[SciPy-user] nonzero and the matlab equivalent of find
Robert Kern
robert.kern@gmail....
Sun Jul 12 17:03:47 CDT 2009
On Sun, Jul 12, 2009 at 16:51, per freem<perfreem@gmail.com> wrote:
> hi all,
>
> i am trying to find an equivalent of matlab's find in scipy. the
> documentation says to use nonzero but i am not sure how to interpret the
> results.
>
> suppose i have an array:
>
> a = [[0, 1], [1, 1], [1, 0]]
>
> and i want to return the indices (0, 1, or 2 in this case) of the elements
> that are [1, 1]. the natural notation seems to be:
>
> nonzero(a == array([1, 1]))
>
> but this returns: (array([0, 1, 1, 2]), array([1, 0, 1, 0])) -- not sure
> what this output means.
Well, let's take a look at the intermediate value of a==array([1,1]):
In [24]: a = array([[0,1], [1,1], [1,0]])
In [25]: a == array([1, 1])
Out[25]:
array([[False, True],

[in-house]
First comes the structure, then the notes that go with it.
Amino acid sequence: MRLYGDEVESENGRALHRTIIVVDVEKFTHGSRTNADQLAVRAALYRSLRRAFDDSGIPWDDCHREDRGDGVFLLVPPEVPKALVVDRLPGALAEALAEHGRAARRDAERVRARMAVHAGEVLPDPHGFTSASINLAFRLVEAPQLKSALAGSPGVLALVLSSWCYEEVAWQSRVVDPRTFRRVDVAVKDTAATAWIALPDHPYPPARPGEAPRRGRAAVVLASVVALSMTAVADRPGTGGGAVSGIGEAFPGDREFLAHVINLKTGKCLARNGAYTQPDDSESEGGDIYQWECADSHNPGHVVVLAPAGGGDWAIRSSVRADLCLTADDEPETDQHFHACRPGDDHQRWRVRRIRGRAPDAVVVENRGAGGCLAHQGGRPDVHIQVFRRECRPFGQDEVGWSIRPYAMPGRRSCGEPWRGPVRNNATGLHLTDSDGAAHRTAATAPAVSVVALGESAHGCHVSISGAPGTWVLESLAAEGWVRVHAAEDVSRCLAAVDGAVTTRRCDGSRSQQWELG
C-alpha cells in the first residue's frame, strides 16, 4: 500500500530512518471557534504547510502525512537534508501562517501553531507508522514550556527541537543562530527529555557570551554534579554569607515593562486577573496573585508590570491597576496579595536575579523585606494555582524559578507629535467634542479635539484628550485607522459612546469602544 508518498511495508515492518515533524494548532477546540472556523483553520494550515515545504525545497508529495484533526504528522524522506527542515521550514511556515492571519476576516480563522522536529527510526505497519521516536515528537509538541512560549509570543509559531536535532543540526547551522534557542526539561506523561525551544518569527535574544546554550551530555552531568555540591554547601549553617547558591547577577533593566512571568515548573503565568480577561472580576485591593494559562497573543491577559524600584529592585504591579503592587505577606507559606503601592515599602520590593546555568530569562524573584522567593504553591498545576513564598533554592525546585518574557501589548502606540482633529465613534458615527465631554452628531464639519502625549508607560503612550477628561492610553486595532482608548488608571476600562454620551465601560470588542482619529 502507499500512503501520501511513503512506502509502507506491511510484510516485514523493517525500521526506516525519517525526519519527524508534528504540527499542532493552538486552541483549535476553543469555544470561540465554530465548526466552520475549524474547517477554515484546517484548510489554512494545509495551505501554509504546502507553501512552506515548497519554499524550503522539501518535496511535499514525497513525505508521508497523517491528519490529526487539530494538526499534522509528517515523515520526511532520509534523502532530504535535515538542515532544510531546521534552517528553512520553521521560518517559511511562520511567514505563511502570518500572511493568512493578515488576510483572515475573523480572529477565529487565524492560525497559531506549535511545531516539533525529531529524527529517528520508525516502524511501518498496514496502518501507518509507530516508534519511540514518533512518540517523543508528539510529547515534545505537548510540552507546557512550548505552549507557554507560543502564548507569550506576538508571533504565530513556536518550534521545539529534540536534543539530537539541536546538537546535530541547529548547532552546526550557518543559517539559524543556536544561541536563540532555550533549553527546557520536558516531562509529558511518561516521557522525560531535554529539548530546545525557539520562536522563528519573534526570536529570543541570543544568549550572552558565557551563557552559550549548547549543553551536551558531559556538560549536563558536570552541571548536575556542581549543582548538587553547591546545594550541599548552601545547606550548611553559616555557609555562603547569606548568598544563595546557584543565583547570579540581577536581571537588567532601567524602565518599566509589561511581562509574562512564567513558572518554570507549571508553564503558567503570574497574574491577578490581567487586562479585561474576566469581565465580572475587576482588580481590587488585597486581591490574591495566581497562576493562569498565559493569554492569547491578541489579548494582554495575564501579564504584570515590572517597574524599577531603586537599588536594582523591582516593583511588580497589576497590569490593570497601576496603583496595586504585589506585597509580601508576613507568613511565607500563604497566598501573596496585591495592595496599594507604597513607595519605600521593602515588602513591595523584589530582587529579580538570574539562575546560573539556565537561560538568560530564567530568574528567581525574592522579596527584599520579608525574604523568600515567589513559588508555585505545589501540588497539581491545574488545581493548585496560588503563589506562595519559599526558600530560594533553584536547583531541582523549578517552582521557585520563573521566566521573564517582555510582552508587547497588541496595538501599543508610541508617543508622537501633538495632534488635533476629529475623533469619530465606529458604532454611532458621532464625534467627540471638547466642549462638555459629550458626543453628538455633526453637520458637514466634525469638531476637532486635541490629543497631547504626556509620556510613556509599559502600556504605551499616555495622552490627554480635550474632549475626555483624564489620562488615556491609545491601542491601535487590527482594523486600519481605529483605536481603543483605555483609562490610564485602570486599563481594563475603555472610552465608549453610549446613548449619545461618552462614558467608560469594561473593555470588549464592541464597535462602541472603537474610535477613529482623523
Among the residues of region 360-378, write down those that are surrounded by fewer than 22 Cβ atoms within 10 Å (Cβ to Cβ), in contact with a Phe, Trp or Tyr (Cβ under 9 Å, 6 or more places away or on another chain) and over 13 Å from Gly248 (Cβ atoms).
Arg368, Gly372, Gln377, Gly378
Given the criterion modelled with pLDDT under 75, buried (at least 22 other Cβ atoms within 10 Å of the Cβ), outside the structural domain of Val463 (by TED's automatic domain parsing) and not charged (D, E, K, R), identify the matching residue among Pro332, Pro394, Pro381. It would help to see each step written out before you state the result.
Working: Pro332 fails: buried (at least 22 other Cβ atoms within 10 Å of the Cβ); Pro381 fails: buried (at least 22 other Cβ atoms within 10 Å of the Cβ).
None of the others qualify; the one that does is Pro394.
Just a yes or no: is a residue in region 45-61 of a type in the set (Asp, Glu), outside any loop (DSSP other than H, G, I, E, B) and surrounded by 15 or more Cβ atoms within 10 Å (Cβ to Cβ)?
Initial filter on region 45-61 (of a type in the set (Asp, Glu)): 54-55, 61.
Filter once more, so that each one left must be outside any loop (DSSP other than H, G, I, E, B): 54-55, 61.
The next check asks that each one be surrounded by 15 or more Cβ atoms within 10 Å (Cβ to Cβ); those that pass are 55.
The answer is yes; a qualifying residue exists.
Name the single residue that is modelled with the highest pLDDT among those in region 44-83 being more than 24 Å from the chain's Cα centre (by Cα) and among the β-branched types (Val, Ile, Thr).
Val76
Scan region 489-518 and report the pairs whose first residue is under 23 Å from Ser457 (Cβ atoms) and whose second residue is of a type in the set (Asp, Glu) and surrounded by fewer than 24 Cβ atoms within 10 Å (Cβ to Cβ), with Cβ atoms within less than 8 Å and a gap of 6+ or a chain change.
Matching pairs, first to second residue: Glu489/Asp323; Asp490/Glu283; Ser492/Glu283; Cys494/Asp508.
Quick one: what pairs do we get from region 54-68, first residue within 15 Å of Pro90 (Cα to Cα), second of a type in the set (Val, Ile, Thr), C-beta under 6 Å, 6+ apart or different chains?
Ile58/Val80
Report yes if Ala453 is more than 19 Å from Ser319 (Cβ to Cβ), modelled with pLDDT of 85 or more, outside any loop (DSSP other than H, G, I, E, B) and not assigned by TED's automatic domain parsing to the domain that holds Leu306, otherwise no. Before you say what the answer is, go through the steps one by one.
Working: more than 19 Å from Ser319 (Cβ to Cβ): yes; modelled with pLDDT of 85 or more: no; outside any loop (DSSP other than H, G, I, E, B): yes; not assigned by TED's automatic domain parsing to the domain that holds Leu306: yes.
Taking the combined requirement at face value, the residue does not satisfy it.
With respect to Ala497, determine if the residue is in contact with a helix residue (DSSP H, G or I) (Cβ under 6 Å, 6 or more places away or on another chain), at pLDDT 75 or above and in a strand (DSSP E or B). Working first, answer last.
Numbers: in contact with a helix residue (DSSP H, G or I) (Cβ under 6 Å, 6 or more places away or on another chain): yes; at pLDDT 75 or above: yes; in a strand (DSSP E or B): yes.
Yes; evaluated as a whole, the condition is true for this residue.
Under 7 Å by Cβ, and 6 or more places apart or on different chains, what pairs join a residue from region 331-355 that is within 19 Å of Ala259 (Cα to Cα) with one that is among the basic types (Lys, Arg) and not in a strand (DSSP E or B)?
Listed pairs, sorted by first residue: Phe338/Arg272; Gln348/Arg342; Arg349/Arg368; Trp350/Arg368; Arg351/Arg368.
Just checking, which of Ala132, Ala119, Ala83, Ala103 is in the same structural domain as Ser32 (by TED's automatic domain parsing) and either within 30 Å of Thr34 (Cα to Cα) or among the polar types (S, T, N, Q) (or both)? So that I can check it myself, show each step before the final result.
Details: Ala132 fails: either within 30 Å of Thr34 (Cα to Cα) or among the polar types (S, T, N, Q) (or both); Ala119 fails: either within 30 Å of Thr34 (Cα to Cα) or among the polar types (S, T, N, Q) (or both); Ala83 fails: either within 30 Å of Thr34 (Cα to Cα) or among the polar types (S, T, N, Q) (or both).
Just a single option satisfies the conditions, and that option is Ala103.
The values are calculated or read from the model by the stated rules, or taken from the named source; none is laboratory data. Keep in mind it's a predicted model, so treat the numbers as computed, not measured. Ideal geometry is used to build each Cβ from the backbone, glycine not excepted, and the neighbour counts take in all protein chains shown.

[ True, True],
[ True, False]], dtype=bool)
The result of nonzero(), when given a multidimensional array is to
return a tuple with the indices for each dimension such that:
In [26]: a[nonzero(a == array([1,1]))]
Out[26]: array([1, 1, 1, 1])
> can someone please explain how to find the elements that are [1,1], like in
> matlab's "find"? thank you.
There isn't really a function that does this out-of-box, but here is
how to do it:
In [30]: nonzero((a[:,0] == 1) | (a[:,1] == 1))[0]
Out[30]: array([0, 1, 2])
--
Robert Kern
"I have come to believe that the whole world is an enigma, a harmless
enigma that is made terrible by our own mad attempt to interpret it as
though it had an underlying truth."
-- Umberto Eco
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